You've been listening to the Stitch Please podcast, the official podcast of Black Women Stitch, the sewing group where Black lives matter. We appreciate you supporting us by listening to the podcast. If you'd like to reach out to us with questions, you can contact us at blackwomenstitch@gmail.com. If you like to support us financially, you can do that by supporting us on Patreon, P-A-T-R-E-O-N, and you can find Black Women Stitch there in the Patreon directory. And for as little as $2 a month you can help support the project with things like editing transcripts and other things to strengthen the podcasts. And finally, if financial support is not something you can do right now, you can really help the podcast by rating it and reviewing it anywhere you listen to podcasts that allows you to review them. So I know that not all podcast directories or services allow for reviews. But for those who do, for those that have a star rating or just ask for a few comments, if you could share those comments and say nice things about us and the Stitch Please podcast, that is incredibly helpful. Thank you so much. Come back next week, and we'll help you get your stitch together.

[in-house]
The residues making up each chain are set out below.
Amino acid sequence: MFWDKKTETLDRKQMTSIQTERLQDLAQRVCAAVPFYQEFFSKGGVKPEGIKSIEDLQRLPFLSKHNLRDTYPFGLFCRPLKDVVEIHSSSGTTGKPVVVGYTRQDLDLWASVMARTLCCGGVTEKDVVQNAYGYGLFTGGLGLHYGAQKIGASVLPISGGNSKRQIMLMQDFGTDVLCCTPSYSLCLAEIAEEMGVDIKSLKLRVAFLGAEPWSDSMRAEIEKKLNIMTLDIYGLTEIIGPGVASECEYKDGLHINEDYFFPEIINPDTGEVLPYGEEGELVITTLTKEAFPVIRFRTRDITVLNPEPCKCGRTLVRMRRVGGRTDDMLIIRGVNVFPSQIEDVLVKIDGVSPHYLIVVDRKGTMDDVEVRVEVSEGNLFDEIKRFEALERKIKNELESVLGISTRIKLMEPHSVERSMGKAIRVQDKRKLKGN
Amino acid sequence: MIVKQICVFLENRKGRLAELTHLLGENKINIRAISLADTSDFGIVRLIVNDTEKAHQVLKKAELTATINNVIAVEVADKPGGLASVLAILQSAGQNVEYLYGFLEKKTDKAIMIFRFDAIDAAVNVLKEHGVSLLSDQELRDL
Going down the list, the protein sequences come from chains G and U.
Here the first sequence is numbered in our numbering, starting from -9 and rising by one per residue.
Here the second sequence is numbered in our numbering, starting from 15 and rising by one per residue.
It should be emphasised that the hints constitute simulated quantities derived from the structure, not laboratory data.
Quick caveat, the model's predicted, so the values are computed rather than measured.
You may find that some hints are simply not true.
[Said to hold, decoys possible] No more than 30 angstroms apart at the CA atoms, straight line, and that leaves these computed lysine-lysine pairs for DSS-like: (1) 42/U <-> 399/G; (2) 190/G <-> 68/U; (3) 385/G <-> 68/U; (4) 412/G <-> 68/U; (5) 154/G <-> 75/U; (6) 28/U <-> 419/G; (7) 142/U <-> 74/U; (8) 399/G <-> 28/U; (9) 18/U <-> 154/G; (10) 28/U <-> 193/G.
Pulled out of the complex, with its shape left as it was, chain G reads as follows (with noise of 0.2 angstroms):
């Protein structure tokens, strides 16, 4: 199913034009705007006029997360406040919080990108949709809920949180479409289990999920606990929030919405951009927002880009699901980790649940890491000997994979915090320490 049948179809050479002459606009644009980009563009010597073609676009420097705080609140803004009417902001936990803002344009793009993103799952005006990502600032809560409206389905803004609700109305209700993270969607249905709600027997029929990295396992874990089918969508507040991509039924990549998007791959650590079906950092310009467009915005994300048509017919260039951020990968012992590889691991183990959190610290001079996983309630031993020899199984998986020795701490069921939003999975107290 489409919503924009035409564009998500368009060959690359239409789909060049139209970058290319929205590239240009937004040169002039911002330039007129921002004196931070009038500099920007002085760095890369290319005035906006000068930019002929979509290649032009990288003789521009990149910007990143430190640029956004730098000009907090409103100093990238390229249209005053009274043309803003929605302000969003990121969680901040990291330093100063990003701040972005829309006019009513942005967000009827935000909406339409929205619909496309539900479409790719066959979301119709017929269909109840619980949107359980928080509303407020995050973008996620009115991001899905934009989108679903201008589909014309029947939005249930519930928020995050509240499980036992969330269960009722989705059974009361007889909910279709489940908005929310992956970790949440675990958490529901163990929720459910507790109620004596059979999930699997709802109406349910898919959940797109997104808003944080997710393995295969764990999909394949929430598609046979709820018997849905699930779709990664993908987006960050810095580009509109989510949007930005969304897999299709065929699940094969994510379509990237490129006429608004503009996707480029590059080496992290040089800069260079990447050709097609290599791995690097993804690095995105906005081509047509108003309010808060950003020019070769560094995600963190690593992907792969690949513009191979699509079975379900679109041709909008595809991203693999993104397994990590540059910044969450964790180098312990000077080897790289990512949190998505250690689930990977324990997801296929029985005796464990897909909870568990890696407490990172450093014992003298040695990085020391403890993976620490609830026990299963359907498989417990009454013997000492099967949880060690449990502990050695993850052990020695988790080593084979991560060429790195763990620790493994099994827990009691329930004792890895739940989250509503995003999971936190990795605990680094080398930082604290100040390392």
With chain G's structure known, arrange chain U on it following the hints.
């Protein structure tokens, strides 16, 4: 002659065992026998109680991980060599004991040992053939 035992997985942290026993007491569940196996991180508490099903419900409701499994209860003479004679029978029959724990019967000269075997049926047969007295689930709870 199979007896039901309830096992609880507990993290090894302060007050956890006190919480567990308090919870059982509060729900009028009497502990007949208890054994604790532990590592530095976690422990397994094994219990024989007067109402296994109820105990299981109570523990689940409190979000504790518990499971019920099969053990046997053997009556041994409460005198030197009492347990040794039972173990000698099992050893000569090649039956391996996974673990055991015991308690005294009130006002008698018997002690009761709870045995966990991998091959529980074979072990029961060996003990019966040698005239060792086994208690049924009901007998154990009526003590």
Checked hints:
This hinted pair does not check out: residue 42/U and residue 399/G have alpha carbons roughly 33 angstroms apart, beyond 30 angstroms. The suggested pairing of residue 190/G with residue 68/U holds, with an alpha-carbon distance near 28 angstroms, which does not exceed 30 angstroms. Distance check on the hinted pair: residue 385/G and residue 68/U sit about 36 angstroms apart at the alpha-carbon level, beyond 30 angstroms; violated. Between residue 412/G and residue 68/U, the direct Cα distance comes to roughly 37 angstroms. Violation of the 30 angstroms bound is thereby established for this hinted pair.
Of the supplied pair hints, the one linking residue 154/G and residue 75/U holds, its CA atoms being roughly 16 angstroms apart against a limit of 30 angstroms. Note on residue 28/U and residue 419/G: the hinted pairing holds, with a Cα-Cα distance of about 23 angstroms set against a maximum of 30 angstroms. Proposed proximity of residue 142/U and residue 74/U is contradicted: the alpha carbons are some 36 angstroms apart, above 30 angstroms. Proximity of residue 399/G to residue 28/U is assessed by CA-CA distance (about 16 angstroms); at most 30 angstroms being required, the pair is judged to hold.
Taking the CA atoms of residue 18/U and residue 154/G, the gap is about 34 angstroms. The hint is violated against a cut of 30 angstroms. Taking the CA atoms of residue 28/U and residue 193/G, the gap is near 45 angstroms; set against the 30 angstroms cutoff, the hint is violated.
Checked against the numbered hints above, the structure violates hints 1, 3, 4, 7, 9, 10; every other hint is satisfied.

Hosted by Lisa Woolfork

Lisa is a fourth-generation sewing enthusiast who learned to sew while earning a PhD in African American literature and culture. She has been sewing for more than twenty years while also teaching, researching, and publishing in Black American literature and culture.